Interviews

What Are Short Stories Supposed to Do, Anyway?

Alex Higley on what he learned from Stuart Dybek

CardinalIn Alex Higley’s debut collection of short stories, Cardinal, ordinary people from Phoenix to Chicago encounter the extraordinary in surprising ways. Not through close encounters with aliens or fairies, but via what Stuart Dybek calls “the undercurrents and shadows” of everyday life in the 21st century.

Stuart Dybek, arguably the most celebrated short story writer in Chicago history, was one of Higley’s teachers and mentors at Northwestern University. His impact on Higley’s prose and characterization is clear in Cardinal, but there’s another major influence beneath the surface: David Lynch. I recently spoke with Higley about the aims of short fiction and what he learned from Dybek.


Adam Morgan: In your mind, what should a short story do?

Alex Higley: I’m hesitant to say that a story “should” do anything in particular. I like stories that pay attention, and are concerned with specifics, individuals, and are written carefully. I am wary of anyone who says a piece of writing “must” adhere to a certain shape, set of concerns, etc. But, please make me laugh. Or at least shake my head smiling. The stories that I return to, as a reader, are ones that still hold mystery after several readings. Dead-serious writing that does not take itself too seriously.

Alex-Higley_avatar_1460919557-512x512Adam Morgan: What’s the most important thing you learned from Stuart Dybek?

Alex Higley: I learned so much from Stuart. I am still learning from him. He has long been a hero of mine, long before I studied with him at Northwestern or even had actual thoughts in my head. We both went to Loyola as undergraduates, and this random detail (and the fact that he was also born April) I took as proof as a nineteen-year-old that maybe one day I could write stories. I knew nothing, of course.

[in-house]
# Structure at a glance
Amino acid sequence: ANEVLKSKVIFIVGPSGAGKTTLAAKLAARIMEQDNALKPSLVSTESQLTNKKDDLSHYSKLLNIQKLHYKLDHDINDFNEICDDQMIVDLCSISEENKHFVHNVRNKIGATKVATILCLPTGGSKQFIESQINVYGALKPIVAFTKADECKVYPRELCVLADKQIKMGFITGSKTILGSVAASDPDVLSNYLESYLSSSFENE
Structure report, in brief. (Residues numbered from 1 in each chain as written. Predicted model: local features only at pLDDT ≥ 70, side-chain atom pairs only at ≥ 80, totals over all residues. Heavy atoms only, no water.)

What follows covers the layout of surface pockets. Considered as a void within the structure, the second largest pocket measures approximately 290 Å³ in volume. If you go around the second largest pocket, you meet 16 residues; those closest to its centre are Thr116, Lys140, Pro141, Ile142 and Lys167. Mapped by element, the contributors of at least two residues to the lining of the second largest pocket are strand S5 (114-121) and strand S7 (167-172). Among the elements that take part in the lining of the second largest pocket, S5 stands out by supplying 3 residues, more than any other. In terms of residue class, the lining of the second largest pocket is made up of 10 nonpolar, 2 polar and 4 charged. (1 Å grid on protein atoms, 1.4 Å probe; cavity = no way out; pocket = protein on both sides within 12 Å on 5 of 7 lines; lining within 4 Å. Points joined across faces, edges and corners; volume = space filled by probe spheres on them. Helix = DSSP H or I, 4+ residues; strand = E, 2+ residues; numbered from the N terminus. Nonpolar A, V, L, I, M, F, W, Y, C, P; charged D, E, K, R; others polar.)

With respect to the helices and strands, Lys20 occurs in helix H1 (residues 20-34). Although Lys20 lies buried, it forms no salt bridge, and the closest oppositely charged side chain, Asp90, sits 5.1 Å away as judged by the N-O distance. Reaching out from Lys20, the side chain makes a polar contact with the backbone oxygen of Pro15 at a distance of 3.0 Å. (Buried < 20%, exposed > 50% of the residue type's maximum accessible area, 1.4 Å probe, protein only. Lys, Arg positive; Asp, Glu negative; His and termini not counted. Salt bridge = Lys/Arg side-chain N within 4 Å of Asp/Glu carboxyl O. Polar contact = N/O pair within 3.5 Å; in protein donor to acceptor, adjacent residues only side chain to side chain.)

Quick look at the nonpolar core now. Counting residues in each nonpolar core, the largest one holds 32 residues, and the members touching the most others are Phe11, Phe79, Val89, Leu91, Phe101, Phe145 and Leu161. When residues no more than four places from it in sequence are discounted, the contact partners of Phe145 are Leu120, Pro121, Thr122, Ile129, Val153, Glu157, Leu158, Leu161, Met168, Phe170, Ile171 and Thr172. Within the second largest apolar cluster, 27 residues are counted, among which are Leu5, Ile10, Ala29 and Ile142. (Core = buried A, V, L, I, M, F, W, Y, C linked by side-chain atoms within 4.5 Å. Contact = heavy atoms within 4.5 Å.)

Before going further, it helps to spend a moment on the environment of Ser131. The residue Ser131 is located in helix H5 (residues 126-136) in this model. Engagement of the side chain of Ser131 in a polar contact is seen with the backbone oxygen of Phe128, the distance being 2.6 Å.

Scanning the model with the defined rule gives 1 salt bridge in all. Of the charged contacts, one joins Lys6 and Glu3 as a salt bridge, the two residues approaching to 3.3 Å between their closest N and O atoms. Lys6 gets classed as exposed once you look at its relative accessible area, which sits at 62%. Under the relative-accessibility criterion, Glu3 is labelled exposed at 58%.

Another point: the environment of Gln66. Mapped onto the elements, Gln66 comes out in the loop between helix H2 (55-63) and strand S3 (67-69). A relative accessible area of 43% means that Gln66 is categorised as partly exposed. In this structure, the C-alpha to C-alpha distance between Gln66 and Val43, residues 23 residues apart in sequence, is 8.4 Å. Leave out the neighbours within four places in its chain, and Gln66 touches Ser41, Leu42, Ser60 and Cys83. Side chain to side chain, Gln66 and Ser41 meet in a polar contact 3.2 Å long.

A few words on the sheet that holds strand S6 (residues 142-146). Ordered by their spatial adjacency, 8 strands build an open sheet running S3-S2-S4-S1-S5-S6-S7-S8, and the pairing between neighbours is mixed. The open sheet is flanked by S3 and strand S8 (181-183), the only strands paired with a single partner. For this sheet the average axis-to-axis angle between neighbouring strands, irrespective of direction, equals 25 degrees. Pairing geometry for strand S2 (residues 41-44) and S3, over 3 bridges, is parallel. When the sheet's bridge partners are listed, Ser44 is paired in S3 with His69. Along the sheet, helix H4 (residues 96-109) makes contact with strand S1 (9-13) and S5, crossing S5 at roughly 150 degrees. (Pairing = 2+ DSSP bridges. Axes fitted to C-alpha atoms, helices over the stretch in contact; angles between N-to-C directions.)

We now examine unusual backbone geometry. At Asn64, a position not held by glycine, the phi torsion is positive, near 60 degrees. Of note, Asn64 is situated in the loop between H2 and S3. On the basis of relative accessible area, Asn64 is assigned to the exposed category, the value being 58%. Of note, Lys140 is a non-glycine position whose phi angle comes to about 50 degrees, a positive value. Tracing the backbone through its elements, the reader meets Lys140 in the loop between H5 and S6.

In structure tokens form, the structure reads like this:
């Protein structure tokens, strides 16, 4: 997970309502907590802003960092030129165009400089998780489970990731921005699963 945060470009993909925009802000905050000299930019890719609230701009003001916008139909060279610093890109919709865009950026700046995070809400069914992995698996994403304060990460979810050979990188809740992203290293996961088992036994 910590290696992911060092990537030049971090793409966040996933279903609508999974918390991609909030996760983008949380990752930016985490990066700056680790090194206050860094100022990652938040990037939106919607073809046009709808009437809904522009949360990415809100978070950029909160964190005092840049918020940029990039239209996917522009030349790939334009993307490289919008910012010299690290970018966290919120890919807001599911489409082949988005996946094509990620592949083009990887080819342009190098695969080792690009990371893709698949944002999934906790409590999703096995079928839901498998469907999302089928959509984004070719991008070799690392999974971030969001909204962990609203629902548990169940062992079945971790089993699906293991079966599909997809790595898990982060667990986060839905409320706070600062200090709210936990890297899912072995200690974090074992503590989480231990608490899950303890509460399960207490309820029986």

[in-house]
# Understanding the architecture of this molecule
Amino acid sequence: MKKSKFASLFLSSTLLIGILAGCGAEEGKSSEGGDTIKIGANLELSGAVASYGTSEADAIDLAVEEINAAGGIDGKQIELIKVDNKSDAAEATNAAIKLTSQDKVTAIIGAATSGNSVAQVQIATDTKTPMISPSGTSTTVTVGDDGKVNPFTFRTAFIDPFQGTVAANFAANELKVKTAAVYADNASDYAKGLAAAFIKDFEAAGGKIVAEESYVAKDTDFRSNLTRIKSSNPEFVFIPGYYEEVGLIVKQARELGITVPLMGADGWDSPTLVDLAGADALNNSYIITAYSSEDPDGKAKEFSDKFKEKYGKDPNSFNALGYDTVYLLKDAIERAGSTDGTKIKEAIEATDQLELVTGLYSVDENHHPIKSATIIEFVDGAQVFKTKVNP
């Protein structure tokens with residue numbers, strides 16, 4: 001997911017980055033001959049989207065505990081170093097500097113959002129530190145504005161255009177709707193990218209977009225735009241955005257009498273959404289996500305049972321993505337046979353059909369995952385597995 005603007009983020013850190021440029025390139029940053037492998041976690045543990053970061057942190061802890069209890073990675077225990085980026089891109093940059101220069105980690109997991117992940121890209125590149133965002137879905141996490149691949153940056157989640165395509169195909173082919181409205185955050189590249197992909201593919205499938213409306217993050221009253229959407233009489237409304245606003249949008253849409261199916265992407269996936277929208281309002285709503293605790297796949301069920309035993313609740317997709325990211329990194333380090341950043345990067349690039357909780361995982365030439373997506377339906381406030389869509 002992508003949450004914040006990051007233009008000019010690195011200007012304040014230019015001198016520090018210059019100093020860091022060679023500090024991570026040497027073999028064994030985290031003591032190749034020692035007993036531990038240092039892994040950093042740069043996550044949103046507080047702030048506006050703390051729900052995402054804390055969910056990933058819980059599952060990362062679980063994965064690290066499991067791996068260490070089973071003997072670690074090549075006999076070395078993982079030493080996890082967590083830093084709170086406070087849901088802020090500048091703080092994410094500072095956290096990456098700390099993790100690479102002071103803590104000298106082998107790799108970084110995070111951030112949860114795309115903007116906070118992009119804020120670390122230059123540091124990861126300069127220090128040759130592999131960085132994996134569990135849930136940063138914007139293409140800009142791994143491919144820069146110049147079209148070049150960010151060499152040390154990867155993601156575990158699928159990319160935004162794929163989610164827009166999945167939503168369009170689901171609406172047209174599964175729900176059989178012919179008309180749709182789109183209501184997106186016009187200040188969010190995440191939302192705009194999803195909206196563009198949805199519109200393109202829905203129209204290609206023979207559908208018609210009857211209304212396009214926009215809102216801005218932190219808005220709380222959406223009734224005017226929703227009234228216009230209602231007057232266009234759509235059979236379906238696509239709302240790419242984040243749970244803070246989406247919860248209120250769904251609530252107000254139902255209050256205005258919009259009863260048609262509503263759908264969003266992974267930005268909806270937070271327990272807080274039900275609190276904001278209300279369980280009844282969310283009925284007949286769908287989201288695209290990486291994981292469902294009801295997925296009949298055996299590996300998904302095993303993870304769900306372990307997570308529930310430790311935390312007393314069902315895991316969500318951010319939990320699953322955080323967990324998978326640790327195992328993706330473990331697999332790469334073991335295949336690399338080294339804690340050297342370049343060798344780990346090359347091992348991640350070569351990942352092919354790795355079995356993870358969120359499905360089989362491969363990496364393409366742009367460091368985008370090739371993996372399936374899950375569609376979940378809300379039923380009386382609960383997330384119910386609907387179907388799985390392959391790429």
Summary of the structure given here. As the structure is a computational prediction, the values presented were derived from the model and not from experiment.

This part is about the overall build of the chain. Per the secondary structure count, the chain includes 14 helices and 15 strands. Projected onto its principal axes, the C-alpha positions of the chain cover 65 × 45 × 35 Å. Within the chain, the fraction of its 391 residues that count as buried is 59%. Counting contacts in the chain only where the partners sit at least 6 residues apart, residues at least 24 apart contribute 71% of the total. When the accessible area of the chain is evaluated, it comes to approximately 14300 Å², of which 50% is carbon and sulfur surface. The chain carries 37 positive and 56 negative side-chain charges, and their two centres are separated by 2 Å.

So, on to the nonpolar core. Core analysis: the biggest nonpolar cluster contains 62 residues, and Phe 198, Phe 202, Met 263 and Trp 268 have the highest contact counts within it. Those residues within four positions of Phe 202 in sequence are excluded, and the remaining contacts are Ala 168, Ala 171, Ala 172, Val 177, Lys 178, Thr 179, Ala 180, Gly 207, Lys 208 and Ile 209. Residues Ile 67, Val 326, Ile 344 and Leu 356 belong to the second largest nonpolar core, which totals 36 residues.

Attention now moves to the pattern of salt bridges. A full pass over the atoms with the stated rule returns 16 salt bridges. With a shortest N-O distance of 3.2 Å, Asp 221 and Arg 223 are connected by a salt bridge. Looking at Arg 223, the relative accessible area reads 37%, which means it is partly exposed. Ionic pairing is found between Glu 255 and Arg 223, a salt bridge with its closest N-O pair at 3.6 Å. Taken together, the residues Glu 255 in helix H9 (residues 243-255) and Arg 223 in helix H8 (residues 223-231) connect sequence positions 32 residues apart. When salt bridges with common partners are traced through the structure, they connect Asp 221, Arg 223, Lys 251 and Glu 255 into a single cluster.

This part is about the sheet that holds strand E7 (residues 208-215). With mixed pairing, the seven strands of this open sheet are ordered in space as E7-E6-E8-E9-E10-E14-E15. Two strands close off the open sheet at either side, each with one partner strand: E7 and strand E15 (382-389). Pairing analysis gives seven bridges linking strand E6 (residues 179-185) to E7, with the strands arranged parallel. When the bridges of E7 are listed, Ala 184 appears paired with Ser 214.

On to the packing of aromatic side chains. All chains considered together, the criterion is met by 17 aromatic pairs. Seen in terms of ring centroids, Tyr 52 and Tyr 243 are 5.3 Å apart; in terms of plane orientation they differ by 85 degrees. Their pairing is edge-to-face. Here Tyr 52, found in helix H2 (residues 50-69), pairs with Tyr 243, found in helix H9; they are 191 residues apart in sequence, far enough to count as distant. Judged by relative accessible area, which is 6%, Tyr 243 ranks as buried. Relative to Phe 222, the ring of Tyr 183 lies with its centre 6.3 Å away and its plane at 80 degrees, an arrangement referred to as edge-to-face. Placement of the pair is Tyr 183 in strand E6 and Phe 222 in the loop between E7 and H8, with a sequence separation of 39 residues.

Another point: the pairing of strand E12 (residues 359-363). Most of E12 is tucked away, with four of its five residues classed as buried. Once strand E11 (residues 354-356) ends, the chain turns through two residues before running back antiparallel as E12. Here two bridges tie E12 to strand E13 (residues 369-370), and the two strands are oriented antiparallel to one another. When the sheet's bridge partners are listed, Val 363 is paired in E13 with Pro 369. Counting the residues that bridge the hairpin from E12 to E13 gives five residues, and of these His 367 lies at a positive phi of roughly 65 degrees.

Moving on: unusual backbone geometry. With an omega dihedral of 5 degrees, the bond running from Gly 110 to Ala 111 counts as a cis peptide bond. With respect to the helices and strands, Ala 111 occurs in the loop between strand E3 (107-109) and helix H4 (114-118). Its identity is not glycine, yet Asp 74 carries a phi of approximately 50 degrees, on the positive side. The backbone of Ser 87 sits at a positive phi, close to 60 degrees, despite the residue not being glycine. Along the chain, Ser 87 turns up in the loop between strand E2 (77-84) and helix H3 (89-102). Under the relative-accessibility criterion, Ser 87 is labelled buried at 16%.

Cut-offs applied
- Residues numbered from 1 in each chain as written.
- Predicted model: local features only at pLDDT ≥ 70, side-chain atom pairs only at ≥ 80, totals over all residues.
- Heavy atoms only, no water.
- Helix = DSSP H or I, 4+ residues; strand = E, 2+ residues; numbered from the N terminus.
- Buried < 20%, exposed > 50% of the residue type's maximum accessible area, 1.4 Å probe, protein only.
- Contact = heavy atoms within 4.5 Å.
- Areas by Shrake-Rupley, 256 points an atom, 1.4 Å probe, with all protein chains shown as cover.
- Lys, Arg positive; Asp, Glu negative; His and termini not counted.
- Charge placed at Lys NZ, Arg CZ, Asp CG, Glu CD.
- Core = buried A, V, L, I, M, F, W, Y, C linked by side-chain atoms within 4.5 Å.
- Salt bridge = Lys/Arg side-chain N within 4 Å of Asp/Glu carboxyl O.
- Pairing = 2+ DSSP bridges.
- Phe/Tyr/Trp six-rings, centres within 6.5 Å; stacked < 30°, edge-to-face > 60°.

Studying with him, I learned a writer should do what she or he does well. If you are good at dialogue, write dialogue. If you are funny, be funny. Emphasize what you are naturally inclined to do. The rest will come, or not. And that’s fine.

And as for his stories, I think he is doing his best work. Paper Lantern: Love Stories is my favorite of his collections. It’s so strange and varied. A story like “Waiting” followed by “Four Deuces,” that kind of movement is beautiful.

Adam Morgan: What was your experience like pubbing with a small independent press?

Alex Higley: Working with Tailwinds Press was great. It’s a small NYC operation, and they have been wonderful. Several of the books they’ve put out are worth your time. Writers like Katherine Vaz, Mark Jordan Manner, Steve Karas, etc.

Adam Morgan: How does Chicago influence you as a writer?

Alex Higley: I love Chicago. My wife and I live in Evanston now, but have lived all over the north side. I grew up outside of Denver, but have been in Chicago since I was eighteen. It’s home. My only remaining connection to Denver is sports-based. The bookstores here are inspiring. Volumes or The Book Cellar or Unabridged; I could go on. And there are so many writers and book people living lives in this city. Lindsay Hunter, Christine Sneed, Stuart Dybek, Jerry Brennan — the list is long. I don’t know how Chicago influences my work on a sentence level but I do know that I live in a place (and adjacent to a place) that holds plenty of examples of how to live a writing life. And that helps.

Adam Morgan: What’s next for you?

Alex Higley: I have a short novel called Old Open being published by Tortoise Books in the fall. Here’s the jacket copy: Aging widower Russ Lanaker knows he doesn’t know his neighbors—but when he finds out one of them was a witness, and career expert, to the strange UFO phenomenon known as the Phoenix Lights, he realizes that’s a situation he’d like to change. What follows is an odyssey out of his air-conditioned comfort zone, through the sun-baked Arizona suburbs, and onto the franchise-lined (and not-so-great) American road.

FICTION – SHORT STORIES
Cardinal by Alex Higley
Tailwinds Press
Published March 24, 2017

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